When I arrived in China for the first time, I thought I was prepared for how urbanized, westernized and wealthy the country would be. But I wasn’t. Driving in from the airport in Beijing, luxury sedans were flying past us on the 10-lane expressway into the heart of the giant metropolis. Motorcycles whizzed between the cars, their drivers’ faces covered with breathing masks. New high-rise towers went on for miles, rising from the flat plain like a futuristic forest of gleaming steel and glass. Coal-fired power plants popped up intermittently, with wires and cables snaking off into the distance to provide energy for the millions upon millions of people living in greater Beijing. On the boulevard outside our 5-star hotel, elegant boutiques bore familiar names—Chanel, Tiffany, Fendi, Ferragamo. Over everything hung a hazy blanket of smog.

But soon, our small group of nature travelers would leave the urban crush far behind for a completely different take on China, one that few visitors get to see. It’s China’s wild side, and in our case, it meant the Minshan Mountains of Sichuan province, northwest of Chengdu. It’s a region of lushly forested peaks, deep gorges, rushing rivers and clear air. Rare wild animals, found nowhere else on Earth, thrive in a network of remote nature reserves—the most famous among them, of course, is the giant panda.

And now, virtual travelers will get a peek at this little-known Chinese realm in Disneynature’s latest film, “Born in China,” in honor of Earth Day.

The latest film from Disneynature premieres on Friday, April 21. When you head to theaters across North America to see it during opening week (April 21-27), China’s wildlife will benefit: for every ticket sold, Disneynature will make a donation to World Wildlife Fund. WWF was the first international conservation organization to work in China at the invitation of the Chinese government to protect wildlife, including the giant panda, which also served as the inspiration behind WWF’s iconic logo.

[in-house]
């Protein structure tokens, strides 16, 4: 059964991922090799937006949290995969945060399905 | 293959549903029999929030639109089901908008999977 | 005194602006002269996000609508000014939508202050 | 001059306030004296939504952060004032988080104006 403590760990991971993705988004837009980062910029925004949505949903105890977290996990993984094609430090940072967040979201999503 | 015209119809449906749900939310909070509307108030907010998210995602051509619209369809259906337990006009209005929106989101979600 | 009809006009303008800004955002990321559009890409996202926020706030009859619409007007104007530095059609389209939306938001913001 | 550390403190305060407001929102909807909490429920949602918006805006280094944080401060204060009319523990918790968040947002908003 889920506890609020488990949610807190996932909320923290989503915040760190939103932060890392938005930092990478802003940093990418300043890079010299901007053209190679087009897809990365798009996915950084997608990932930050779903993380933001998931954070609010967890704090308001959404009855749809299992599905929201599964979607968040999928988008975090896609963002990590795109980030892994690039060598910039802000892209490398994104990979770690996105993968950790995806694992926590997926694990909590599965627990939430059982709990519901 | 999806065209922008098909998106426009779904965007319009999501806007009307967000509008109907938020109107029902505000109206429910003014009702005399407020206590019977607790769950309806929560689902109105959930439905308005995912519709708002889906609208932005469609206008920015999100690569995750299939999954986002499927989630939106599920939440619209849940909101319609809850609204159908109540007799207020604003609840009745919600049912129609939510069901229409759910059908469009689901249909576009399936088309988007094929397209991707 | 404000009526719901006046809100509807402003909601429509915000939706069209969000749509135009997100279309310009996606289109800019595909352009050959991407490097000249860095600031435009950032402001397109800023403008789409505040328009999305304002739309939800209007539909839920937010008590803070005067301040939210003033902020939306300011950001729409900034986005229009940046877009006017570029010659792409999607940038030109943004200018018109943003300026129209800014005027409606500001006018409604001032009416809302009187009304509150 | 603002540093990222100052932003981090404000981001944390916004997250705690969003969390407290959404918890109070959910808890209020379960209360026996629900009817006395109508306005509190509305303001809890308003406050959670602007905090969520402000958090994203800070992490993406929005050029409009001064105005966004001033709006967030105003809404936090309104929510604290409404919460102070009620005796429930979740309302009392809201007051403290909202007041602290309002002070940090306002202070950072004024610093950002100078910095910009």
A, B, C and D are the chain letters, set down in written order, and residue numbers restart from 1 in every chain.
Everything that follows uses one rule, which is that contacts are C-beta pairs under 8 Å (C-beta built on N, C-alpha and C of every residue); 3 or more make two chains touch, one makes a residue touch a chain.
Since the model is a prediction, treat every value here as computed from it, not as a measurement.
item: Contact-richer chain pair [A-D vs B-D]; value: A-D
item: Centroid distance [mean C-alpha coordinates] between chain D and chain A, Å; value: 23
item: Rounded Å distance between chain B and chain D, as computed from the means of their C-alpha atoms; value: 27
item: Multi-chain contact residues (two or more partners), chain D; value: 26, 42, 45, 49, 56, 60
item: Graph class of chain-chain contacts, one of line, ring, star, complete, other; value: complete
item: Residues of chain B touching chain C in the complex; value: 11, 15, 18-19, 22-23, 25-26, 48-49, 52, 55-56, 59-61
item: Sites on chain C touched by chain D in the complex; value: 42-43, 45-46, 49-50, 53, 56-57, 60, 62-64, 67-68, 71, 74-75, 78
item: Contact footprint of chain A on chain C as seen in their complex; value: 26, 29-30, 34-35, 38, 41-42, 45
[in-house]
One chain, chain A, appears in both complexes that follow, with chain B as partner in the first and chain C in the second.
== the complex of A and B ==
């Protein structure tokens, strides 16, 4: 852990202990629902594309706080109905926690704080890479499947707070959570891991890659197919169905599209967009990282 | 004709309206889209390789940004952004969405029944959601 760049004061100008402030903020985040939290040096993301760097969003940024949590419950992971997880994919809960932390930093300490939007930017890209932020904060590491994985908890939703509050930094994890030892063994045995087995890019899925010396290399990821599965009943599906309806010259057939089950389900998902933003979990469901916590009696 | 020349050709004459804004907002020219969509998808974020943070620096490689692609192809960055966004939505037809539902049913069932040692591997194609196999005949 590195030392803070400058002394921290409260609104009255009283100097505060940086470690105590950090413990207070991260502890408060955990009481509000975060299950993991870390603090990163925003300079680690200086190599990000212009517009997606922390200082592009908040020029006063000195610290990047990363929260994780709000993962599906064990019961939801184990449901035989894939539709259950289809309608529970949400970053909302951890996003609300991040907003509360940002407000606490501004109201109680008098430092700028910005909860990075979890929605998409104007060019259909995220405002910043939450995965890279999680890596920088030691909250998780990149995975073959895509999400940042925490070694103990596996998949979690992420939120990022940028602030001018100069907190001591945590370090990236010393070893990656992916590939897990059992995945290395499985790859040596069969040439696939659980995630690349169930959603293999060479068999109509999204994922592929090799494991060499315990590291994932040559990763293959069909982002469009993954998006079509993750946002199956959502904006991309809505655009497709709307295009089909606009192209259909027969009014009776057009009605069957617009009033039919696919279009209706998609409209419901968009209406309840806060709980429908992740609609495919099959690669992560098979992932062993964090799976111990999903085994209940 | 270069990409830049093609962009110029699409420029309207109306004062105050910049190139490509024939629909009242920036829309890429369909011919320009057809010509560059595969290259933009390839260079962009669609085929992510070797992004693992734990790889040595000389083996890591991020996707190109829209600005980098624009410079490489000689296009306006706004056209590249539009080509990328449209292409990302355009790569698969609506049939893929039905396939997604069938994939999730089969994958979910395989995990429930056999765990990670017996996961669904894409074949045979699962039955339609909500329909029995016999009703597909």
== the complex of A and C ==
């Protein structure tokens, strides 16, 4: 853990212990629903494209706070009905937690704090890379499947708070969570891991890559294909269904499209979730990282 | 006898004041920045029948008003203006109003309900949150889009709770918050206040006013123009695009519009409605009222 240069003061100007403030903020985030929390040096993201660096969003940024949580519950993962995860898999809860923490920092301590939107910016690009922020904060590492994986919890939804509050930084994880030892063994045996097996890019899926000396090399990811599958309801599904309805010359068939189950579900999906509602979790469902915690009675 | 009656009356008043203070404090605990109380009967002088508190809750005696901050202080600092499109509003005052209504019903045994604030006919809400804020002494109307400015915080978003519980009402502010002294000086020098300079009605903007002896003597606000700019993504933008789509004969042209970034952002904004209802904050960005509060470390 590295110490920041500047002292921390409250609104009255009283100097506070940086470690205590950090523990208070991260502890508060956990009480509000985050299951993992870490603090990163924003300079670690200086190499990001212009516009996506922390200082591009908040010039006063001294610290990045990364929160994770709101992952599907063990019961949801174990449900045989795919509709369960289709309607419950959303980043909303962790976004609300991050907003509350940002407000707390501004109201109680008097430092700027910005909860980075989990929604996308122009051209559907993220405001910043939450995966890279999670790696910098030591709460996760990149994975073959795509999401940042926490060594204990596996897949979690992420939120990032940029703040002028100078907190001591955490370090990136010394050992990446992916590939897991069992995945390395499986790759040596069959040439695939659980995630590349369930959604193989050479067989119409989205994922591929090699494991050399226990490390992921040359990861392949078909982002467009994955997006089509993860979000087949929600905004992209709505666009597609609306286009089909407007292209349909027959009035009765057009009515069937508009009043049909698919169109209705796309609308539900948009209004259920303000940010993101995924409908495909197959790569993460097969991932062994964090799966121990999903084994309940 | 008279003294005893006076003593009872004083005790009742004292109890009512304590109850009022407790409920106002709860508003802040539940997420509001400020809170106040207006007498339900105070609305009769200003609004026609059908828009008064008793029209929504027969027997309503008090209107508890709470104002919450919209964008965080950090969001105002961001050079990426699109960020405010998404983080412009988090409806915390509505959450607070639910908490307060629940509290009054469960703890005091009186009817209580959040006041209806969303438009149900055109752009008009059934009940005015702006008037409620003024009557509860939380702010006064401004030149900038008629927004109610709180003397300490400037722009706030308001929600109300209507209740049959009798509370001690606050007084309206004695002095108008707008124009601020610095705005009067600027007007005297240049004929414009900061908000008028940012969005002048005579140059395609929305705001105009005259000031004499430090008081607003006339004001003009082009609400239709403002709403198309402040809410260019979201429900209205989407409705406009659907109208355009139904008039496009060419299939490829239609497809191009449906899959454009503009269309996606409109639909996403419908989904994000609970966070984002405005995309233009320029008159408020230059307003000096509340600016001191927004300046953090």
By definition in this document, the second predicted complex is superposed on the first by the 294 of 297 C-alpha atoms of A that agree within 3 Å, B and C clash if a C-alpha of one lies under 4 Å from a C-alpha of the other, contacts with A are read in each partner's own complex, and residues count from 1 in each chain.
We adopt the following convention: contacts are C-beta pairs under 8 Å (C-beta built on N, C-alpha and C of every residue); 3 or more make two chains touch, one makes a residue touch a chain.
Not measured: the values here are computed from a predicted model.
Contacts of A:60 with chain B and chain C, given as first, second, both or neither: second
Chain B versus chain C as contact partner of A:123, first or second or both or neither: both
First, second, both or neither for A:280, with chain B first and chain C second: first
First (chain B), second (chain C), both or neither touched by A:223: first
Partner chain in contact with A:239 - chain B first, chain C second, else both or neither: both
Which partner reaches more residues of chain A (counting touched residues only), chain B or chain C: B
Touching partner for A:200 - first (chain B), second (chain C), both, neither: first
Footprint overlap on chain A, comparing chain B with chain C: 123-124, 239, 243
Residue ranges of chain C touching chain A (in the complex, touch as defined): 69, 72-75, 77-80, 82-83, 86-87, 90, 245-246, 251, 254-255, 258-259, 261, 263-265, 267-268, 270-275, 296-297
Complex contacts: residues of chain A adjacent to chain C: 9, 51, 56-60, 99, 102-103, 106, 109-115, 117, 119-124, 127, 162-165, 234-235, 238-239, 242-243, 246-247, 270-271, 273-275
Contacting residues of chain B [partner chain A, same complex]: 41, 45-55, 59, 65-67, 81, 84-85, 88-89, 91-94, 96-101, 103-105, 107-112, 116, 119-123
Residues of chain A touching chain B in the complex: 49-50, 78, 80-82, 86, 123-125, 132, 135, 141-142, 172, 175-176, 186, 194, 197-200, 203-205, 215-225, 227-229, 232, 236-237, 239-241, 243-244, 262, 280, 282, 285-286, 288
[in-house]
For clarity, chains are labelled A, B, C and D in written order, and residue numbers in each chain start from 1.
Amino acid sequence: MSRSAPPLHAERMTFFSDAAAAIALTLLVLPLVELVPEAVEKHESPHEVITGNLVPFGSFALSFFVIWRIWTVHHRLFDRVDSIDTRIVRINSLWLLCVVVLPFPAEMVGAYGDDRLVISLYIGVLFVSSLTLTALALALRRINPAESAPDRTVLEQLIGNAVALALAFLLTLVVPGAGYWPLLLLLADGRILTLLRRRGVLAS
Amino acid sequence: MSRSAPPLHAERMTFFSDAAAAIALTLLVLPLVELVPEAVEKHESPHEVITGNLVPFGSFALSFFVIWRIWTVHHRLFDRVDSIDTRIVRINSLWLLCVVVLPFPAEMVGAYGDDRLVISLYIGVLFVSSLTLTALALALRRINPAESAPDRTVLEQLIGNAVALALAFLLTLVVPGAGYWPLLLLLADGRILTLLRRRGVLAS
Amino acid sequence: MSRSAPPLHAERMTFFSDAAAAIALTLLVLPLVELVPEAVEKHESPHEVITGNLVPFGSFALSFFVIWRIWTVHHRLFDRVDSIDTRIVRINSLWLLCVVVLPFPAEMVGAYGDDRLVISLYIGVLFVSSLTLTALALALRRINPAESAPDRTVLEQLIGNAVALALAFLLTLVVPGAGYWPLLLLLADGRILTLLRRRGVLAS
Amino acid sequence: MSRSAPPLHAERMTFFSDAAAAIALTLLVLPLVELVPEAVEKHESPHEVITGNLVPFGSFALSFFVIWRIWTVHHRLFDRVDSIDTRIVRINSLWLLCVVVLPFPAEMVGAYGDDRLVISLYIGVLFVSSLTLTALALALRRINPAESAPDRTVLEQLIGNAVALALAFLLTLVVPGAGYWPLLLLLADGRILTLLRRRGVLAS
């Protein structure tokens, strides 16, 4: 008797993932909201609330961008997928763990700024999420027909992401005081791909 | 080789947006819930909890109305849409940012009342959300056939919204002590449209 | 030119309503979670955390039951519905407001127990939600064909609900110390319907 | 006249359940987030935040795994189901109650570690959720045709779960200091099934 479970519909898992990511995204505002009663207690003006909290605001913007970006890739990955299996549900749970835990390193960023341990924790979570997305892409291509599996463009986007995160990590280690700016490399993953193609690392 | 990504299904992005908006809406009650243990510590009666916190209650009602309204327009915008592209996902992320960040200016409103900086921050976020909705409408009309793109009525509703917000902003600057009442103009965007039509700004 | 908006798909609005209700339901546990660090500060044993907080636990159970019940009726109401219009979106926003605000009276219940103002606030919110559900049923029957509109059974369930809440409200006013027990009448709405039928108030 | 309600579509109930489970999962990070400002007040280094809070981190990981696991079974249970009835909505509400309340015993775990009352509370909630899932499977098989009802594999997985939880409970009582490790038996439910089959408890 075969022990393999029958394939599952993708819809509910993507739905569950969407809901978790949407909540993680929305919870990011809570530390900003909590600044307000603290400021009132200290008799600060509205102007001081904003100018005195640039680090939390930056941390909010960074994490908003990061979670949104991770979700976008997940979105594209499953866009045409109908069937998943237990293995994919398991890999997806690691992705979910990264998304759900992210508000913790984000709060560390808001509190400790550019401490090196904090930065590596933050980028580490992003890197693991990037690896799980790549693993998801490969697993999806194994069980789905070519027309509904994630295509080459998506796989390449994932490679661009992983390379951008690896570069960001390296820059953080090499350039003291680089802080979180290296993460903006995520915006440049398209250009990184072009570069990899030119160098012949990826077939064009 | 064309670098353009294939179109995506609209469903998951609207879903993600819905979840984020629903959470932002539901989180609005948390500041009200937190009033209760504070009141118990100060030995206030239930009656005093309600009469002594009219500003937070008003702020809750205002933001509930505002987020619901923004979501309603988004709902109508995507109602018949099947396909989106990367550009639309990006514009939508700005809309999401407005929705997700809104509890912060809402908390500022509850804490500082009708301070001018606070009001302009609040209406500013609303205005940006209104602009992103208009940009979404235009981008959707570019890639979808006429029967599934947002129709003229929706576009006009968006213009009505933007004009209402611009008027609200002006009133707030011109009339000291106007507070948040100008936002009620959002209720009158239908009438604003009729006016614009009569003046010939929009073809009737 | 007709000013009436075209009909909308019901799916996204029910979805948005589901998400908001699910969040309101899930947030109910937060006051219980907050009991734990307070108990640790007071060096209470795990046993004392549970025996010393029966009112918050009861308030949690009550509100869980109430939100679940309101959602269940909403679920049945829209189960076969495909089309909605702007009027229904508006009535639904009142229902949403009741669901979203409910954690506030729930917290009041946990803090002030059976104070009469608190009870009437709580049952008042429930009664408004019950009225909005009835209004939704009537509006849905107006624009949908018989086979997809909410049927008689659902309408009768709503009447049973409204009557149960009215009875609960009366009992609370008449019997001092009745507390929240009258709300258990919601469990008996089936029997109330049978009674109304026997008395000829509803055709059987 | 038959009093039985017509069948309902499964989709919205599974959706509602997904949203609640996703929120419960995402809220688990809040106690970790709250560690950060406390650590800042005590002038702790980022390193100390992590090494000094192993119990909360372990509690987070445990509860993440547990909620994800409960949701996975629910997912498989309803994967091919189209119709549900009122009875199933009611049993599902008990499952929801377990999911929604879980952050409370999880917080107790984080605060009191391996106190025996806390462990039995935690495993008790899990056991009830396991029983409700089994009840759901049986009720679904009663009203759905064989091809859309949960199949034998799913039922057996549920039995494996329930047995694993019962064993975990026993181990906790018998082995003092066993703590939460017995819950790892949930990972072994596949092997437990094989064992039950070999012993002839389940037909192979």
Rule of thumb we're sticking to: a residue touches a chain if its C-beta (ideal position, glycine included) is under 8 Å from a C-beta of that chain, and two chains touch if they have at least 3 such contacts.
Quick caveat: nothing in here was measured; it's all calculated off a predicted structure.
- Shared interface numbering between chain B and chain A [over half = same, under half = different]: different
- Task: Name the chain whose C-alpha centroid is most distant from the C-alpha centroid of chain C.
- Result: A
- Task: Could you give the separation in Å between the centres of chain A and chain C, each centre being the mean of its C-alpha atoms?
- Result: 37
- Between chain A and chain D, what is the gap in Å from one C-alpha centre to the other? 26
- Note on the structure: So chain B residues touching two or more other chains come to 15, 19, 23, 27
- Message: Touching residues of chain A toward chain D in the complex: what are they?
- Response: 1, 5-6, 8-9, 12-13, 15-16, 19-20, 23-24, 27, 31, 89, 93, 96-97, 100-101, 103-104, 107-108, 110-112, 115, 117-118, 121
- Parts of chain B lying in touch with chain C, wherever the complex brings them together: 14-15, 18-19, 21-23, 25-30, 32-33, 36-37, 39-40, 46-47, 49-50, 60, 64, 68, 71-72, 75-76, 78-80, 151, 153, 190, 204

“Born in China” follows the adventures of three animal families—the majestic panda, the savvy golden monkey and the elusive snow leopard. Featuring exhilarating footage, the film navigates China’s vast wild terrain on the wings of a red-crowned crane as it soars over snowbound mountains and bamboo forests. Intimate imagery of animal babies will delight audiences, as Disneynature brings us closer to these rare family moments.

A wild panda born in China

© NHA Expedition Leader Brad Josephs

Thanks to decades-long efforts by WWF and the Chinese government to preserve and rehabilitate habitat, China’s endemic wildlife is making progress toward a more sustainable future. In fact, the giant panda was recently upgraded from “Endangered” to “Vulnerable” on the global list of species at risk of extinction.

While it’s still difficult to sight pandas in the wild, panda lovers can enjoy seeing them up close at China’s famous panda research bases. Nat Hab’s Wild Side of China tour visits three different panda centers in Sichuan, with an exclusive opportunity to spend a day volunteering in their care alongside dedicated keepers.

This unique nature odyssey also includes a real-life immersion in some of the remote places featured in Disneynature’s film, including the Jiuzhai Valley on the edge of the Tibetan Plateau. Jiuzhaigou National Park is a national treasure, famed for its turquoise karst lakes connected by streams and waterfalls that pour in frothy plumes over terraced ledges.

Waterfalls in Jiuzhaigou, China

© NHA Expedition Leader Brad Josephs

The trip also visits a virtually unknown 100,000-acre nature sanctuary encompassing a densely forested ecosystem that’s among the most diverse and intact in Asia. Gentle hikes led by a naturalist Expedition Leader offer vistas of waterfalls, boulder-strewn gorges and mist-shrouded limestone peaks.

This national reserve is home to healthy populations of some of the world’s most endangered and vulnerable wildlife, including at least 60 giant pandas, 1,000 golden monkeys and 1,200 takin—a large, shaggy goat-antelope—among its 430 different mammal species. Nat Hab’s special permit to enter core areas of the reserve offers a chance to search for the giant panda: these bamboo forests are prime habitat, and while visitors may not spot one of these highly elusive bears in the heavy underbrush, they might see signs of their presence. The reserve also shelters Tibetan and rhesus macaques, musk deer, muntjac, serow, wild boar, blue sheep, and endangered moon bears and red pandas. Birdwatching is superb, with more than 150 species, supreme among them the showy golden pheasant.

For Earth Day, support WWF’s conservation efforts to protect wild pandas and snow leopards by seeing “Born in China,” and buoy your heart as you witness some of the world’s most rare and precious species flourishing in the Chinese wilds.

Then, when you’re ready to come see China’s pandas for yourself, Nat Hab is ready to take you!

Giant panda bear waving in China

© NHA Expedition Leader Brad Josephs